Michael: "Because you need to still grow like a bajillion percent more if we're going to get our good exit from this."
Shannon: Right, or, "Just go the other direction and close shop, please." I remember one investor telling me, he's like, "I have a business that it's just the worst, it's just doing fine and I hate it," and I was like, "A profitable business that's just existing is a good thing in most areas." But the fact that this guy...because he's probably not going to have an exit at some point, and maybe he'll get some money back and dividends or whatever, but that's not what he invested for.
Michael: It is a powerful thing for folks who have never gone down the road with venture capital firms. You can reach the point where very literally, they would rather see you risk the entire business with a very high likelihood of going bankrupt and losing everything if it gives them a shot to have a big exit.
Michael: They would actually rather see you go bankrupt than never having taken the shot at everything because, from their end, they're just assuming 90% are going to fail anyway, so your bankruptcy is another number to them, your success is what makes their fund but obviously, they do that because they get 100 bets, you only get 1.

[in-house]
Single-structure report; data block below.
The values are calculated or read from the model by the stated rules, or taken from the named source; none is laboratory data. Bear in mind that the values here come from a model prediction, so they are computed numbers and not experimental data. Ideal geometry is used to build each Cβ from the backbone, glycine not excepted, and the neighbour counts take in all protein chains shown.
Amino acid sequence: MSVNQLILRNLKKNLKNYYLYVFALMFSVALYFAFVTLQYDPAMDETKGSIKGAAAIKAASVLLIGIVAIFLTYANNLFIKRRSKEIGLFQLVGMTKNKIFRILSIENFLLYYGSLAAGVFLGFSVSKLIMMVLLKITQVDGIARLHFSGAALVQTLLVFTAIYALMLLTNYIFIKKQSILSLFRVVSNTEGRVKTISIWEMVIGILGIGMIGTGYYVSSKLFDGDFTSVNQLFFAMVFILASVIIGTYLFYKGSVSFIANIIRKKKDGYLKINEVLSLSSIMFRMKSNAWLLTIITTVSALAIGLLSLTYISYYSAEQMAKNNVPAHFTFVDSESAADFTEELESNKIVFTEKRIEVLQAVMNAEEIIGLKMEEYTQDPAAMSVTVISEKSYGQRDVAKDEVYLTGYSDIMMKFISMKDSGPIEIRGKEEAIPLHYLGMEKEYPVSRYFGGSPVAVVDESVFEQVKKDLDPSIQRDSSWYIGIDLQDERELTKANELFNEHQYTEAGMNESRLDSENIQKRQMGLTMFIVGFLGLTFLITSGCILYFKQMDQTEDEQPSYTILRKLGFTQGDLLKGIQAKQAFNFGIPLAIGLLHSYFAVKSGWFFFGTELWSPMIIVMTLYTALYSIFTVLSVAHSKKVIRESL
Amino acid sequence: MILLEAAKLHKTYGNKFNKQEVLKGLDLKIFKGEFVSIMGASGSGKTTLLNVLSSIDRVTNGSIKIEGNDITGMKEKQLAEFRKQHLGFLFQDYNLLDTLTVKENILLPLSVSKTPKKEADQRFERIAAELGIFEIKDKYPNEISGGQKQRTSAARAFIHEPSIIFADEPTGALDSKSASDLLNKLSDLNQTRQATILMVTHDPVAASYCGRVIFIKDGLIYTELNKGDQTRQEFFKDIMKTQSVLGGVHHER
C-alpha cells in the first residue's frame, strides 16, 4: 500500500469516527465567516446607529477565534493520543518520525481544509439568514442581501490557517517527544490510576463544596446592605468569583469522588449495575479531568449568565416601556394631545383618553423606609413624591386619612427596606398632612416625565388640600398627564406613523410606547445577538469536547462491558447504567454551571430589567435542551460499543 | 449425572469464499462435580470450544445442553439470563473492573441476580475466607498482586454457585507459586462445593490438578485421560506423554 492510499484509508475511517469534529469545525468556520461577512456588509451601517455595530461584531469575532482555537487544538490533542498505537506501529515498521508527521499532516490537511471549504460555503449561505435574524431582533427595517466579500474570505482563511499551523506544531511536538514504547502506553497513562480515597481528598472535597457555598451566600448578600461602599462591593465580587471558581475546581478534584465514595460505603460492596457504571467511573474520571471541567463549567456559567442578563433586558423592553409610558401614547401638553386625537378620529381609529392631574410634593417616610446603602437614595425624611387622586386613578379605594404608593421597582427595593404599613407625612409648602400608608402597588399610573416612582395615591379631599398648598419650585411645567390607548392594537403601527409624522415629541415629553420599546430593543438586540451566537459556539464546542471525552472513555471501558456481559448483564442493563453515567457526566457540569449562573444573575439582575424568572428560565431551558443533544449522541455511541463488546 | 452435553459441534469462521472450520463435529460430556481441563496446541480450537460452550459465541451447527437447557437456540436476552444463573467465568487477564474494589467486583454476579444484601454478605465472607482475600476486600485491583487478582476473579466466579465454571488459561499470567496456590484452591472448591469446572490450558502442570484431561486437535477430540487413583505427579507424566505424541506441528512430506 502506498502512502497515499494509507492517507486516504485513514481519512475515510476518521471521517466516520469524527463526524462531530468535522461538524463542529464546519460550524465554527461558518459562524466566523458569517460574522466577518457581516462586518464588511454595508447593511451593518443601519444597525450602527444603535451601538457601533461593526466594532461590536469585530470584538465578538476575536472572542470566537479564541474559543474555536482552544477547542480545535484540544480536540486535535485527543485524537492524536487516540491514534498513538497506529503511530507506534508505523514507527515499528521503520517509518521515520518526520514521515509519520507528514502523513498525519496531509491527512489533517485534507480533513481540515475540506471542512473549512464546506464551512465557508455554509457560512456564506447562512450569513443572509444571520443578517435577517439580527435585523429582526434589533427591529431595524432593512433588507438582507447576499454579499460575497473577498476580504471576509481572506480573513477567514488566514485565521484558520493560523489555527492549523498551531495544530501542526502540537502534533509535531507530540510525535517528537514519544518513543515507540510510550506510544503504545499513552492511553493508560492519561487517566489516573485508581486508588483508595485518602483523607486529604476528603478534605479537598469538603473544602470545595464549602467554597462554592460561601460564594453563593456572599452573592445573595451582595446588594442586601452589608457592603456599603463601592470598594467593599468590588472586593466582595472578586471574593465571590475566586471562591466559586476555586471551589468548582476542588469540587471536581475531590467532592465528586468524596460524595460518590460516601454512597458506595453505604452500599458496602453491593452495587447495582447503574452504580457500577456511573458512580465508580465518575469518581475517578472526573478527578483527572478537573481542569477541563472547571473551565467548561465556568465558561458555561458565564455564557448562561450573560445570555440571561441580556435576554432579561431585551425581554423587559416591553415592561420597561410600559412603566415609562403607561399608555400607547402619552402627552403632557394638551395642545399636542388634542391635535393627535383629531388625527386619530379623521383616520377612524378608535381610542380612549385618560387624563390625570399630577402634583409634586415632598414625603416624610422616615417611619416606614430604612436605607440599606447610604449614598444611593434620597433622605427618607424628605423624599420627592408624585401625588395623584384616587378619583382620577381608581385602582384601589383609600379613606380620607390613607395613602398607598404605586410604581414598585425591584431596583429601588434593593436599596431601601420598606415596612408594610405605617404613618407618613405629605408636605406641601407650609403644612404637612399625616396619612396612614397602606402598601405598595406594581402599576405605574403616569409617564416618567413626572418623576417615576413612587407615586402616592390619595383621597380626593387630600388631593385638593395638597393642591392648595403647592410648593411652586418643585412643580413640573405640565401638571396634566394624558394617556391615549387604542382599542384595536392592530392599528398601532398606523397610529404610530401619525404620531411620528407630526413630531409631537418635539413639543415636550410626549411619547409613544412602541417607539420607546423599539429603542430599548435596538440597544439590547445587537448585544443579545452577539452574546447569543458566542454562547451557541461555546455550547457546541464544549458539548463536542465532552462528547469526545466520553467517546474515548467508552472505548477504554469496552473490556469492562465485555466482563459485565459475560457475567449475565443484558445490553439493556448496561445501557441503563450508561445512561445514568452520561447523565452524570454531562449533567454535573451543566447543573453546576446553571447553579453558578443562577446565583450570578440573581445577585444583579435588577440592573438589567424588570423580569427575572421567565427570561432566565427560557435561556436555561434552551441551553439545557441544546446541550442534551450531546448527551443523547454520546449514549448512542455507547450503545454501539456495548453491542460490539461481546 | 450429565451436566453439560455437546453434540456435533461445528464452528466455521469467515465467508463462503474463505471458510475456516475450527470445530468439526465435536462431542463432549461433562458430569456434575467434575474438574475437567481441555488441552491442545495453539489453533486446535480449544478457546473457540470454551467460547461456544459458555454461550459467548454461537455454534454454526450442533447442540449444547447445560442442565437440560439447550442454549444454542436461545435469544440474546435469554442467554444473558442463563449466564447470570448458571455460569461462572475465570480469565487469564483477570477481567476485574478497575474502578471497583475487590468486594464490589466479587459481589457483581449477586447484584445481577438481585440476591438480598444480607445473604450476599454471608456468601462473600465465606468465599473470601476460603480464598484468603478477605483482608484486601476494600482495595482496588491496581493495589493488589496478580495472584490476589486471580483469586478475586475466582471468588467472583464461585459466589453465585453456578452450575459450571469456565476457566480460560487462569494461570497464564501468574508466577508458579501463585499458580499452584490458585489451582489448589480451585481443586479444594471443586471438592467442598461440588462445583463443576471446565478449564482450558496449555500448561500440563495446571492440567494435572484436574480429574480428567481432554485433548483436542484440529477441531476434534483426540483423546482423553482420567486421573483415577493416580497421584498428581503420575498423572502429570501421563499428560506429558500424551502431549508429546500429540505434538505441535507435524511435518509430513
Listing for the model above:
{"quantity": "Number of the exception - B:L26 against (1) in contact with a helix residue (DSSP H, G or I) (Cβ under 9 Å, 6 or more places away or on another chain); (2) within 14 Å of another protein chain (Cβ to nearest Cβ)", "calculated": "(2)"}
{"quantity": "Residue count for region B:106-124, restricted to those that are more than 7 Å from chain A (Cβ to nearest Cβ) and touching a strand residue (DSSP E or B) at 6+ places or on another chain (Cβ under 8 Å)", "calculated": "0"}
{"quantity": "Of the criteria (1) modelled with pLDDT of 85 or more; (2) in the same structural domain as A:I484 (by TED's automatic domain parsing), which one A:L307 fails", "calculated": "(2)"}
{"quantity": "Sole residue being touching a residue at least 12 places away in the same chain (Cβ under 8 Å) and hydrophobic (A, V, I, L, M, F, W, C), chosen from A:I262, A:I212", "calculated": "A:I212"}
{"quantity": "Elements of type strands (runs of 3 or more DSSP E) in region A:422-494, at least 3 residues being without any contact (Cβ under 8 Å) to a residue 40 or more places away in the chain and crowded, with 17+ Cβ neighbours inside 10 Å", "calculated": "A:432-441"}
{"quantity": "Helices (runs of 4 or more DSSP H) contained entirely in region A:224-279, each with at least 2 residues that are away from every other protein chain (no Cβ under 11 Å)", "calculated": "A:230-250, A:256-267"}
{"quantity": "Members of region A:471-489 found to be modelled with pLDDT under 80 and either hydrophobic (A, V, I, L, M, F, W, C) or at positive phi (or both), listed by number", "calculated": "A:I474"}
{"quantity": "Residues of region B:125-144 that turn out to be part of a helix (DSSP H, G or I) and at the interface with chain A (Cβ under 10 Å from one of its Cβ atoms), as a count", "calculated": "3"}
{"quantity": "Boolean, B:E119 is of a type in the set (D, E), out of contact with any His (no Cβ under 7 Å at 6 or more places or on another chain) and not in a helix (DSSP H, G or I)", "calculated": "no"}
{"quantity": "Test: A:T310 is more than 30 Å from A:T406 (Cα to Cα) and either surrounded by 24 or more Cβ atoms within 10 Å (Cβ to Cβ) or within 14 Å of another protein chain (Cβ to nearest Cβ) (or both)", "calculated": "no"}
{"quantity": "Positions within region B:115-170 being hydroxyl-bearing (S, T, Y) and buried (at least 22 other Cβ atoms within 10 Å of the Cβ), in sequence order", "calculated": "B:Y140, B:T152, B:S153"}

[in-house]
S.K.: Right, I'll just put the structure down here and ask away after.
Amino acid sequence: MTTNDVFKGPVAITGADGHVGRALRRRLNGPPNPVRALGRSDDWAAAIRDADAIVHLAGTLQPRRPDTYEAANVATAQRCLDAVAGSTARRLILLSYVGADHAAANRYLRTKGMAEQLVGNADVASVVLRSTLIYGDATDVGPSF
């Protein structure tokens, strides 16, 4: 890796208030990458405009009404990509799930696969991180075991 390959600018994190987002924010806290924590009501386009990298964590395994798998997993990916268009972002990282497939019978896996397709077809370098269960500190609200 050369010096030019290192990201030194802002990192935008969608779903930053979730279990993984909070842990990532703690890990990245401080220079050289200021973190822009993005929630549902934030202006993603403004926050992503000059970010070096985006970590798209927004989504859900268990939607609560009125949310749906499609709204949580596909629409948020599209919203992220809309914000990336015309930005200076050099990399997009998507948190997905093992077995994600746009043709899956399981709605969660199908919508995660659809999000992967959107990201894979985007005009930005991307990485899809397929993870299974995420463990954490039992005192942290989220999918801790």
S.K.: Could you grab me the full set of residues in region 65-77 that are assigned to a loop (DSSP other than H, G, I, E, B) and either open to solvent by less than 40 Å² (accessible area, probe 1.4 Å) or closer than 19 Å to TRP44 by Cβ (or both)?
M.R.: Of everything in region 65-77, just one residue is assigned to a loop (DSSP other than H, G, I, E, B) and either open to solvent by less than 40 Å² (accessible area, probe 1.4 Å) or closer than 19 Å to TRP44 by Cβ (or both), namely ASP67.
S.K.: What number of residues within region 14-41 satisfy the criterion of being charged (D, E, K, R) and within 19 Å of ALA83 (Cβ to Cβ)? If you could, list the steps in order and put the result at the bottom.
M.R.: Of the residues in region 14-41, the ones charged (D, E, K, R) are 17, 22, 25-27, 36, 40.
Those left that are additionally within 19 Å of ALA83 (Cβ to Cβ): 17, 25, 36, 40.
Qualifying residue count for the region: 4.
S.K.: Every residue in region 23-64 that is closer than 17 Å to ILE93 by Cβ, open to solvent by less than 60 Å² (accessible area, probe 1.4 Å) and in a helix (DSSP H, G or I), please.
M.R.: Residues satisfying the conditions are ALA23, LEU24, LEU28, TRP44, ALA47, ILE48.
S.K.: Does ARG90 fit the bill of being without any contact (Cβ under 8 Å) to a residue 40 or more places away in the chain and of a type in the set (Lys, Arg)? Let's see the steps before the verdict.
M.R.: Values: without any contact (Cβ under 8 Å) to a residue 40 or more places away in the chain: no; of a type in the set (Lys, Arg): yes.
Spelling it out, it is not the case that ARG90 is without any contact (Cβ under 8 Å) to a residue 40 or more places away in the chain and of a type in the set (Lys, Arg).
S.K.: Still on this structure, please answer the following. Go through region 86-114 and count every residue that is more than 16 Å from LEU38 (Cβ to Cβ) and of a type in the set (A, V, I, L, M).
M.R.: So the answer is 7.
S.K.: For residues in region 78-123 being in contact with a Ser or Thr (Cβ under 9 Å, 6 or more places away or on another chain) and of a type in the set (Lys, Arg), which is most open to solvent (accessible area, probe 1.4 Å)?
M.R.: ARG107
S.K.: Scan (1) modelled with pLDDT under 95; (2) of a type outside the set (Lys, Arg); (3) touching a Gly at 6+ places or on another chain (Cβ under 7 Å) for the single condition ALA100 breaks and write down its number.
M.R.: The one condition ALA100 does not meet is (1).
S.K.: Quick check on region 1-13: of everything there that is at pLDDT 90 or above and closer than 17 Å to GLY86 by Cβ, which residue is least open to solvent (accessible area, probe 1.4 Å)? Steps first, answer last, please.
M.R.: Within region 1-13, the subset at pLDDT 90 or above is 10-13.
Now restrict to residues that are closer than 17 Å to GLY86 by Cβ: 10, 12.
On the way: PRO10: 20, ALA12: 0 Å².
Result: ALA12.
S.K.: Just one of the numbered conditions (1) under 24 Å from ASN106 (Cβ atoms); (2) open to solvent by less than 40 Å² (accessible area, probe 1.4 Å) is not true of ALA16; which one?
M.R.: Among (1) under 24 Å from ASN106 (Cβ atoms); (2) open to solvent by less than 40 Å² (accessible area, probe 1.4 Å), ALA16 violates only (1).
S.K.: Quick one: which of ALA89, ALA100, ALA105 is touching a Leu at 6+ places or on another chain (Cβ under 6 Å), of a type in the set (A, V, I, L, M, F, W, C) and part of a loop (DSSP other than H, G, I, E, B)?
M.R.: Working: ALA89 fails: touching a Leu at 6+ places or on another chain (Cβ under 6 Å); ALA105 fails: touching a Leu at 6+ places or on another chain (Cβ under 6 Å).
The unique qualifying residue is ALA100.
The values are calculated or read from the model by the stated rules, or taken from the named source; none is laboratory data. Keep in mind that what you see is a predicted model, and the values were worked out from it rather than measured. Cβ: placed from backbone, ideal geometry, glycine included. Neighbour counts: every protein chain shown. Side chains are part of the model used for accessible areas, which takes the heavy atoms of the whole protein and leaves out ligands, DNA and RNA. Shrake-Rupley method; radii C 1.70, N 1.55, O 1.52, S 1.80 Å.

Shannon: Yeah, yeah. So, that's pretty much what you're kind of pushed toward. And then every private company that's going public, I love hearing all the time, people were like, "How is Robinhood going public with all these losses?" and blah-blah-blah. I was like, "That's the VC model, it's like as long as top line is growing, you just raise more money and raise more money," which is just not really sustainable if you can't raise more money. But it's almost like that's what they're trying to do is they're trying to get you to that, either you raise money and that reaffirms their choice or you can't and you're bankrupt. So, they're just getting you there quicker by forcing you to kind of spend money and have these big hockey stick growth things and what-have-you.